Delvin wrote:Everywhere I read it seems to be that a sitting posture is necessary? Is this the case? sometimes it feels more comfortable if I just lie down and try and focus on my breath, which brings me to my next point...
There are four postures that can be used, Standing, sitting walking and lying down, although the sitting posture is often the most used and recommended each posture has its own nuances which can be very interesting.
There are also a variety of sitting postures one can use a seat, bench or a cushion, although everyone has a preference, and the statues of teachers & Buddhas often use a cross legged posture that doesn't mean anyone else is sitting wrongly.
I am performing breathing in and out from my nose and i've read i should concentrate on the sensation as the air flows in and out of the nose, however its very hard to capture this as I dont force my breath and its very soft. Also on this, I've read to focus on the belly going up and down as well as the chest going up and down, but then arent we focusing on too many things at once?? Also would it be possible to just focus on my belly or chest going up and down rather than on the breath coming in and out of the nose?
I have not read or been told to focus on both at the same time although I have tried this, and found it quite difficult to stay focused in the same way when only using one area of focus, normally it is recommended to pick one area nose, chest, stomach or wherever the breath can most easily be noticed at the start of the sitting, and keep to that area for the whole sitting as much as possible.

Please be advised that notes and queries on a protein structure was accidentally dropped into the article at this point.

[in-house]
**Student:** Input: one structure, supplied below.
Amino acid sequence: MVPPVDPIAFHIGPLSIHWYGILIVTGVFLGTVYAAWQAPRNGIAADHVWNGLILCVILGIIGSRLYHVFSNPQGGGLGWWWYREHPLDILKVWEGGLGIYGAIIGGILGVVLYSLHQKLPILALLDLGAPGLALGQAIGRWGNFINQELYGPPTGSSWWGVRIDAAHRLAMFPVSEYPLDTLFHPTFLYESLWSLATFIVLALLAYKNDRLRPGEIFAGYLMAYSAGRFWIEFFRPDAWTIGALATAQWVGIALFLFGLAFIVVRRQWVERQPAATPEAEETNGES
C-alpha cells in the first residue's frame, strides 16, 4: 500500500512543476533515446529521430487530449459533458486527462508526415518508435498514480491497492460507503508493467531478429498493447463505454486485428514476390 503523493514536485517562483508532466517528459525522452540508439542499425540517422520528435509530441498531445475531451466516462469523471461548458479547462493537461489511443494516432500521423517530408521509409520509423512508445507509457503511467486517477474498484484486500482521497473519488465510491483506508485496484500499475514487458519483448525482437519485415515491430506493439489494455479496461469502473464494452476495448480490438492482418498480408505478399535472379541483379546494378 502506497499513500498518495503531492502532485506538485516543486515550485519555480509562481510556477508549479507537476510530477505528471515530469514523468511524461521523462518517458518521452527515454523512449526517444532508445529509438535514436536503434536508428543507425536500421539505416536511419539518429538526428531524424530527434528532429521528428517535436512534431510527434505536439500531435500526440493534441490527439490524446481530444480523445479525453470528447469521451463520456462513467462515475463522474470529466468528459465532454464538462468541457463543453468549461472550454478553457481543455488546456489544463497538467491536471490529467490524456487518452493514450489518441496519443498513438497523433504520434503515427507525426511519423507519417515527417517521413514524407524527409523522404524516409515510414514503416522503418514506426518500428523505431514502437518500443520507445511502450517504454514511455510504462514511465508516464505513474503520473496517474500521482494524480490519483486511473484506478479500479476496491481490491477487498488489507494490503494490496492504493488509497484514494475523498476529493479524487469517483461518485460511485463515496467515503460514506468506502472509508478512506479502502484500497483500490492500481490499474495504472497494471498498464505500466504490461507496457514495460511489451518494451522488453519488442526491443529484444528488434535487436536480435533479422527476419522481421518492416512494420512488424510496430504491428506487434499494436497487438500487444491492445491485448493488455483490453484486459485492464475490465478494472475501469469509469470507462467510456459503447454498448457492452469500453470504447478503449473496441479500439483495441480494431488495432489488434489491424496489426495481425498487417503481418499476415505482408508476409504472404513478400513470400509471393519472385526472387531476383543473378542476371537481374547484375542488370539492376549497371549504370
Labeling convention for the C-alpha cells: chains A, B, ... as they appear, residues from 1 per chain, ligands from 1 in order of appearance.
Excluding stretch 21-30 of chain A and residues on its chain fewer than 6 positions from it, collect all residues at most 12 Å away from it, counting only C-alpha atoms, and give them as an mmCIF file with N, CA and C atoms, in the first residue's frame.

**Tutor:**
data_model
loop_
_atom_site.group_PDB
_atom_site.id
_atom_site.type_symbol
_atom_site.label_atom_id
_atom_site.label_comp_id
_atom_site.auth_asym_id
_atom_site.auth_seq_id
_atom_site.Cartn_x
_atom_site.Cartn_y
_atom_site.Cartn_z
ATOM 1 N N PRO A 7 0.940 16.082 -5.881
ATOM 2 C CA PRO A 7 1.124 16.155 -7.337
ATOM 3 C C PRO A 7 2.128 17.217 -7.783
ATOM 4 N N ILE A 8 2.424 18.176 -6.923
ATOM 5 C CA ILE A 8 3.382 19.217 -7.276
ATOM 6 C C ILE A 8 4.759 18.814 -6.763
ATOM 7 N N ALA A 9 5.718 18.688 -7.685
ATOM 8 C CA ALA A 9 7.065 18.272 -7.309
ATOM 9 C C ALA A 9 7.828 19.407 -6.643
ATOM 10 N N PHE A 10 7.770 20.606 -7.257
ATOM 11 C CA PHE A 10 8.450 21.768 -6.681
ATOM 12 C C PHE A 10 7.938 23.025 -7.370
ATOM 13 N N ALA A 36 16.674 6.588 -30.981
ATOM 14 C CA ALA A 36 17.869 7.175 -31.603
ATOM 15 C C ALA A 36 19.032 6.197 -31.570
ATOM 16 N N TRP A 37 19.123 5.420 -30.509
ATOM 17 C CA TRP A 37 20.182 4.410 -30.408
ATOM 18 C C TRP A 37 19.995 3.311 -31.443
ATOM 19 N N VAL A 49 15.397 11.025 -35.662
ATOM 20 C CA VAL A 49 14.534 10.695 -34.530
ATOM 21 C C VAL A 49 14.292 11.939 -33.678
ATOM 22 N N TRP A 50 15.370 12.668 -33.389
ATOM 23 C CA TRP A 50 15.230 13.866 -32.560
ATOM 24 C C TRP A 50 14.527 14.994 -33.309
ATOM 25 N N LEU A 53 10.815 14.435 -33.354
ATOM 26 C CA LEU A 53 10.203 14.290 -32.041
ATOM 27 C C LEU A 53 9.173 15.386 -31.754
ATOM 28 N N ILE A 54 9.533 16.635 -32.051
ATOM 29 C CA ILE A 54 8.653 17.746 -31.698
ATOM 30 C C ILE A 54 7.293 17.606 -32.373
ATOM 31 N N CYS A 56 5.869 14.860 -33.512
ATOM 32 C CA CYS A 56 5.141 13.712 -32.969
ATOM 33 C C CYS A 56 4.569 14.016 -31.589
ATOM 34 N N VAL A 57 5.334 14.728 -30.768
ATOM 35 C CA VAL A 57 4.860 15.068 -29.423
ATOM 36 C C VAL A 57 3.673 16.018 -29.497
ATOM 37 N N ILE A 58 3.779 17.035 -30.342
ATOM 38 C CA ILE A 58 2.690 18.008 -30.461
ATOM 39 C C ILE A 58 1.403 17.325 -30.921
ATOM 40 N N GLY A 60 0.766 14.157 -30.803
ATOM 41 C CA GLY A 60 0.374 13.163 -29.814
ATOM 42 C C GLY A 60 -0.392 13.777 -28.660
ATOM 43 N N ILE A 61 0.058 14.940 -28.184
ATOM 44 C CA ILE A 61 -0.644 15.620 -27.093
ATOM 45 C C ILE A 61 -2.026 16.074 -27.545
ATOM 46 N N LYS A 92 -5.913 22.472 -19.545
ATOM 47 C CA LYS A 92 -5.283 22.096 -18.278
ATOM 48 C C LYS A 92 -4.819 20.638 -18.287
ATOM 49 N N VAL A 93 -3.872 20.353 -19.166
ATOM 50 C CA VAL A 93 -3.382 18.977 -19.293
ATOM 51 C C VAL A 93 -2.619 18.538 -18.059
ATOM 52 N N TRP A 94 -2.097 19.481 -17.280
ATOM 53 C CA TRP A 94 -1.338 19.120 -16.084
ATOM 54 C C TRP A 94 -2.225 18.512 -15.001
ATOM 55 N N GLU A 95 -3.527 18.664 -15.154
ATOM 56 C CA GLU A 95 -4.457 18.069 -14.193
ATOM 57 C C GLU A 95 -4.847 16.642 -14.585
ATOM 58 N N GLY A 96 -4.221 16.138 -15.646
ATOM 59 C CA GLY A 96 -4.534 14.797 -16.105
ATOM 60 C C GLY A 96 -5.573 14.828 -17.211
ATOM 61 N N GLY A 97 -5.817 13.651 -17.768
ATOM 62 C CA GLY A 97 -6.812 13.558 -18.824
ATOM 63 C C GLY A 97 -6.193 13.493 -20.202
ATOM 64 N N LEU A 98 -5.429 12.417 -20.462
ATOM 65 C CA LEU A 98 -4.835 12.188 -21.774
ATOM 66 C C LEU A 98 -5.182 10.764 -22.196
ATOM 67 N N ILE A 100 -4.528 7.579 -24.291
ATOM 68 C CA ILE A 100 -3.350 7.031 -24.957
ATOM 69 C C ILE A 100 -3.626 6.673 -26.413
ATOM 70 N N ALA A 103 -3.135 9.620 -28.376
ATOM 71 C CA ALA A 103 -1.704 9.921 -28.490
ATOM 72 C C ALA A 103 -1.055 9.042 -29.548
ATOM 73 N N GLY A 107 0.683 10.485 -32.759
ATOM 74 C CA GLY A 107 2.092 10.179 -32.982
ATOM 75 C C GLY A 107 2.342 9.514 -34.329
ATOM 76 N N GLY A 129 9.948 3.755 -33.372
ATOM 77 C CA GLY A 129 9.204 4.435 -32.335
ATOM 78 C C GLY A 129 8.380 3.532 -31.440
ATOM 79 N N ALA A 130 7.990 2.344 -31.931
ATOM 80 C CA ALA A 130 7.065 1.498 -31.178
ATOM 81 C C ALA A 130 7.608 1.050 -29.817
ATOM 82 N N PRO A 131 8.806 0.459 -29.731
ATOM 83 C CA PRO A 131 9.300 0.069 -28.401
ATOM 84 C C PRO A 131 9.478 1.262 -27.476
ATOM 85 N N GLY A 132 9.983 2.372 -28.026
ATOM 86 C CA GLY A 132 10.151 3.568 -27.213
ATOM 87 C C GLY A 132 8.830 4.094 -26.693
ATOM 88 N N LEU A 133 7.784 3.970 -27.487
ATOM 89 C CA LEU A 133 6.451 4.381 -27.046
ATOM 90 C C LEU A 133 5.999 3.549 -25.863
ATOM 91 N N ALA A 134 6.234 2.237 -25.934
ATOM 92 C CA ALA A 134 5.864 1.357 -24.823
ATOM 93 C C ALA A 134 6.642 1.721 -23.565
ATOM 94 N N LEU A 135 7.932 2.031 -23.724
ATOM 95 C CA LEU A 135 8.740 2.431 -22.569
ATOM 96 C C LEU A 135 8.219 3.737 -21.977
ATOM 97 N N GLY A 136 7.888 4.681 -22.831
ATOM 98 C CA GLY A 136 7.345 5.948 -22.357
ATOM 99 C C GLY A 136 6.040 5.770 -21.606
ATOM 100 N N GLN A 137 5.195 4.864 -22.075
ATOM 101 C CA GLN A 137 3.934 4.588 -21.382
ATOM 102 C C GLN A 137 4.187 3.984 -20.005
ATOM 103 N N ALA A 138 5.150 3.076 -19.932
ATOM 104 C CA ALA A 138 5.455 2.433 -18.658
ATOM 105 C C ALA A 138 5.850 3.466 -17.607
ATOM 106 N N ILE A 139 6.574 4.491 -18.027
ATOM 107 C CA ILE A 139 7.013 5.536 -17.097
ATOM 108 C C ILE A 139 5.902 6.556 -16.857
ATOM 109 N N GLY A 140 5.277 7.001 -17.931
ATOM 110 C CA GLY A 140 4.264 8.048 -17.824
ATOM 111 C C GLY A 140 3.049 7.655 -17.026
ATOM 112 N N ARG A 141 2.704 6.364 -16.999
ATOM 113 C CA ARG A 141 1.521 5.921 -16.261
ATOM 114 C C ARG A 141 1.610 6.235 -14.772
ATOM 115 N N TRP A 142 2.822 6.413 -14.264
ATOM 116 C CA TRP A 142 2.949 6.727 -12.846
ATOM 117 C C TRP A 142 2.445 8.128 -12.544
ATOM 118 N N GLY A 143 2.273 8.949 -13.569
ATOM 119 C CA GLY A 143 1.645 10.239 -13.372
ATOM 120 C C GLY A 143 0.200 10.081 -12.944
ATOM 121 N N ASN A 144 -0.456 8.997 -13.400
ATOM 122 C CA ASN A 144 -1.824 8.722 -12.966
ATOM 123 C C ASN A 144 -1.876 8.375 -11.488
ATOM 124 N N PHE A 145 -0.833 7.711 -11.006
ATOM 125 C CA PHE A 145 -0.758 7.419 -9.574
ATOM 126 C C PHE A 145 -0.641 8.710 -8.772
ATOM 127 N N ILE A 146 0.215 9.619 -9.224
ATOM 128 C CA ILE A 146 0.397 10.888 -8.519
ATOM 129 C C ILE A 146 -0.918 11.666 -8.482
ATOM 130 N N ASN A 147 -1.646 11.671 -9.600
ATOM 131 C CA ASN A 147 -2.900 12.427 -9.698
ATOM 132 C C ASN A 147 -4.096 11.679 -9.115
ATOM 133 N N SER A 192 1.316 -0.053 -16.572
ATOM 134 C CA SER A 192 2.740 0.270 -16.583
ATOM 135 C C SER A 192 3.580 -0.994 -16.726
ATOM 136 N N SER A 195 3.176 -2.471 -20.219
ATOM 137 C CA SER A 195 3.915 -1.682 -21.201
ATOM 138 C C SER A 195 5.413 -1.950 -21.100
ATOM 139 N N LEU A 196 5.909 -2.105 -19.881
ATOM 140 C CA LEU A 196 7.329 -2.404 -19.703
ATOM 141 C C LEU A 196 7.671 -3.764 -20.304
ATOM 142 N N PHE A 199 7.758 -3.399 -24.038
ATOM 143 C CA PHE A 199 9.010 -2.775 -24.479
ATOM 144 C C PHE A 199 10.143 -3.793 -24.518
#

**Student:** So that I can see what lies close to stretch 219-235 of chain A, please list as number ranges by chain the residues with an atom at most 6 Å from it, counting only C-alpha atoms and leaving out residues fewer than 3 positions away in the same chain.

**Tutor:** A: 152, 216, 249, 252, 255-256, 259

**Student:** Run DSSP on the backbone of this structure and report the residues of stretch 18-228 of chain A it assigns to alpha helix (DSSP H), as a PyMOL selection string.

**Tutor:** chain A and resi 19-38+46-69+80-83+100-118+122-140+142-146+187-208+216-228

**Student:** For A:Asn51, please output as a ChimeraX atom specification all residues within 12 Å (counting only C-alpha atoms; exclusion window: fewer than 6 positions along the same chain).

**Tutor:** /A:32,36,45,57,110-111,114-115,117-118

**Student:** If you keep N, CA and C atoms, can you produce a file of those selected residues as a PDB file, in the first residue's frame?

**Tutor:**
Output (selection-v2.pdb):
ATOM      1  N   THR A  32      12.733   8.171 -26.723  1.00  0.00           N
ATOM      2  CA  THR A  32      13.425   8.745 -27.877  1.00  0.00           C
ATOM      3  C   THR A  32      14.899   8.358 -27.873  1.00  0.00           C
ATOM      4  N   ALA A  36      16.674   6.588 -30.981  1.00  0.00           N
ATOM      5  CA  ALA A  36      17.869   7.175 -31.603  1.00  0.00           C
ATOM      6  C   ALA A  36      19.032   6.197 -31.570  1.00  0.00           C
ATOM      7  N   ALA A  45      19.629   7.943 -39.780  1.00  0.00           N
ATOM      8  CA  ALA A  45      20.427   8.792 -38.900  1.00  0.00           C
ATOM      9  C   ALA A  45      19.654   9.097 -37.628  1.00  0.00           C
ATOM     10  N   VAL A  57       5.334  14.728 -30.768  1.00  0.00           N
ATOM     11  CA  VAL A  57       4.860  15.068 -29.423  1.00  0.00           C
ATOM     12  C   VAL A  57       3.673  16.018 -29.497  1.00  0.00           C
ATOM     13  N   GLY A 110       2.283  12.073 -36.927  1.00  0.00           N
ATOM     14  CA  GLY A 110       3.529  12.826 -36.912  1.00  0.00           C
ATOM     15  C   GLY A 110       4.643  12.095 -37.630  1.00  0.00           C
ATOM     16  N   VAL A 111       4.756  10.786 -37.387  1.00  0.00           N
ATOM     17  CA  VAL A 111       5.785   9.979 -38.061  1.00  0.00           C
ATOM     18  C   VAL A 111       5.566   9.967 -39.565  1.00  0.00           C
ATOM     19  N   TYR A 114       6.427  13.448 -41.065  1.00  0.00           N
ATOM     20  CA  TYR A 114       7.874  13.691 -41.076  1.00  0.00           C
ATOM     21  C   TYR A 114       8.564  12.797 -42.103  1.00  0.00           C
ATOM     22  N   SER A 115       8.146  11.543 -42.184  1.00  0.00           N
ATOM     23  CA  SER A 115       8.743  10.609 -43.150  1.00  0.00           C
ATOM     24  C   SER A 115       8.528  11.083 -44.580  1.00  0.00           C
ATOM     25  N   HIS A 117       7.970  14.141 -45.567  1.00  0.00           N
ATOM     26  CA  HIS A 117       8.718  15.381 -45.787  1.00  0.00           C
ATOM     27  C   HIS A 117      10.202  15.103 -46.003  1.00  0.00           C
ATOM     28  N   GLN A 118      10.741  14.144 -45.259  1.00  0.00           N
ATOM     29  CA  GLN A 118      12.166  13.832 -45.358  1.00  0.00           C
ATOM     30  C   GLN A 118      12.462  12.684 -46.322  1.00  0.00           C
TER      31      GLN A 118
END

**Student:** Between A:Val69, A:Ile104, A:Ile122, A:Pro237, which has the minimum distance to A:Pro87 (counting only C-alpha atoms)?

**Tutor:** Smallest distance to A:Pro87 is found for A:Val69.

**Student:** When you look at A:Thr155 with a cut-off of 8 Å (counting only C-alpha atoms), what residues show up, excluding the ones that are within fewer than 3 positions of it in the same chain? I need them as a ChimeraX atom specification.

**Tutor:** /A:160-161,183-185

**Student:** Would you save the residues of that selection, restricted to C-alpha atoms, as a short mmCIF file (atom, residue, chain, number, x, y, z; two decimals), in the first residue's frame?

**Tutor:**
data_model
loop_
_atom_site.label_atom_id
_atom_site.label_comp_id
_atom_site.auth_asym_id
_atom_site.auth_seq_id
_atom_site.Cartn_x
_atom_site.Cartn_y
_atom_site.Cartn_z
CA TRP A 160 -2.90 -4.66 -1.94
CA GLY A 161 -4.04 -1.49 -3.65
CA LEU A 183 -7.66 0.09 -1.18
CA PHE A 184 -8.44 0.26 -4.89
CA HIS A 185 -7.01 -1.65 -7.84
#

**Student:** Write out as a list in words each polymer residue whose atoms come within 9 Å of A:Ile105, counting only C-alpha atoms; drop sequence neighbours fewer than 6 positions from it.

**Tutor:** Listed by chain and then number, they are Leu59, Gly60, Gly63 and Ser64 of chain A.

The use of any area is not exactly focusing on the air, as air is an external invisible element which can be noticed due to the effect, such as the sensation at the nose, the movement of the belly or chest, it is mindfulness of breathing not mindfulness of the movement of the air. mindfulness of breathing is a fabricated thing made up of several different objects which can be used as a focal point for meditation.
As you can see these are all little things, but I just want some advice on how to approach this. Last time I was doing my meditation I wasn't really sure what to do so I just kept my focus on the breath coming in and out of the nose, and when the other questions arose( in regards to the best way to perform the meditation) i just simply observed them... but with that being said I would appreciate what everyone else thinks as the questions keep arising.
If you are comfortable with how you are practicing at the moment great! why change a good thing?
Doubts are a hindrance and should be worked with, I believe the type of doubt you are experiancing is quite normal, and benefiscial as you learn other techneques to use when the main techneque is difficult for what ever reason, but doubt is as I mentioned a hindrance and a fetter it stops progress due to the very thing which I believe to be benefiscial (up to a certain point) so certainly experimentation is a good thing but learn when the doubt and subsequent experimentation is not useful, by sticking to one techneque dogmatically. this will help you in the long run to discern what it is that is needed.
Good Luck and all the best